Patients received higher doses of opioids and benzodiazepines at night. Higher nighttime doses were associated with SBT failure and delayed extubation.
Trial registration NCT00675363. Registered 7 May 2008.
Electronic supplementary material
The online version of this article (doi:10.1186/s13054-016-1405-3) contains supplementary material, which is available to authorized users.
PMCID: PMC4968433  PMID: 27480314
Sedation; Opioids; Mechanical ventilation; Protocols; Weaning; Diurnal rhythm; Intensive care unit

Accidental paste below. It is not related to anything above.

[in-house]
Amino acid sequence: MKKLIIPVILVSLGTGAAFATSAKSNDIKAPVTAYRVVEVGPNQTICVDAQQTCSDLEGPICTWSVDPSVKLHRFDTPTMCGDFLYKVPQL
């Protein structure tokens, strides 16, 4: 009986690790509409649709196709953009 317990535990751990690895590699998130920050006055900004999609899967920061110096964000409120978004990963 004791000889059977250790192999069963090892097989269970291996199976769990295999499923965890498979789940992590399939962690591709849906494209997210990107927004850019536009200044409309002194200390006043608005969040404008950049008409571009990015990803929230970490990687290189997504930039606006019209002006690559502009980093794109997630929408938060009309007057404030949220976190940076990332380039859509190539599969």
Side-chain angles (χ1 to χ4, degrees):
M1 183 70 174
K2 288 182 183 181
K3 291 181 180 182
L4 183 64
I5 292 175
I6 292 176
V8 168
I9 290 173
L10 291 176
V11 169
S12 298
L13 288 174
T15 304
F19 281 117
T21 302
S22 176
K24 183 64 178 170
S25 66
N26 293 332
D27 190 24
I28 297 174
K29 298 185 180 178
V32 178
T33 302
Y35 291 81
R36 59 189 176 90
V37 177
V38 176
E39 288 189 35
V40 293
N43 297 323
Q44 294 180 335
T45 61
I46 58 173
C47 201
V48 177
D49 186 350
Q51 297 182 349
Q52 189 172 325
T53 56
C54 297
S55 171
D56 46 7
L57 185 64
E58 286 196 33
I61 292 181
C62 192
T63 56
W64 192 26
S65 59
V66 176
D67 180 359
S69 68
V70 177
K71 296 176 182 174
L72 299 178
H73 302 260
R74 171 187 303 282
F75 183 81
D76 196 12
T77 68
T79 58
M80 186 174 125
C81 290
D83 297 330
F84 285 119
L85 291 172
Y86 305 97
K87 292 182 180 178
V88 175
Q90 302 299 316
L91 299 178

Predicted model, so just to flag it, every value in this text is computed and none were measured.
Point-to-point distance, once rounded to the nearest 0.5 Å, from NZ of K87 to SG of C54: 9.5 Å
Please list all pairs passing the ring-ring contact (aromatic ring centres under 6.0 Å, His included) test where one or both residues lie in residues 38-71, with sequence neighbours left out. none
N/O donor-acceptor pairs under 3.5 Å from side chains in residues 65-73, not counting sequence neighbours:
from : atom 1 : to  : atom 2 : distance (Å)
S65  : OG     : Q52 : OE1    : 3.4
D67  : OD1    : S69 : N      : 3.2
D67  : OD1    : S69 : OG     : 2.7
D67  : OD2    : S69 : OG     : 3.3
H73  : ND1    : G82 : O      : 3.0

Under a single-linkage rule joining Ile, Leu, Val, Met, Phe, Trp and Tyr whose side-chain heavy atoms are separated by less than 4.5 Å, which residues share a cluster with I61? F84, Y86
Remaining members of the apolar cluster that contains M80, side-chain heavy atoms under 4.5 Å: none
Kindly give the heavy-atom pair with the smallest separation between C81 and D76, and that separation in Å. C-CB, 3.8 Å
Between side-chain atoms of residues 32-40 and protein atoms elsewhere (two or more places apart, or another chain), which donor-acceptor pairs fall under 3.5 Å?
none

21.  Comparison of intranasal midazolam with intravenous diazepam for treating febrile seizures in children: prospective randomised study 
BMJ : British Medical Journal  2000;321(7253):83-86.
To compare the safety and efficacy of midazolam given intranasally with diazepam given intravenously in the treatment of children with prolonged febrile seizures.
Prospective randomised study.
Paediatric emergency department in a general hospital.
47 children aged six months to five years with prolonged febrile seizure (at least 10 minutes) during a 12 month period.
Intranasal midazolam (0.2 mg/kg) and intravenous diazepam (0.3 mg/kg).
Main outcome measures
Time from arrival at hospital to starting treatment and cessation of seizures.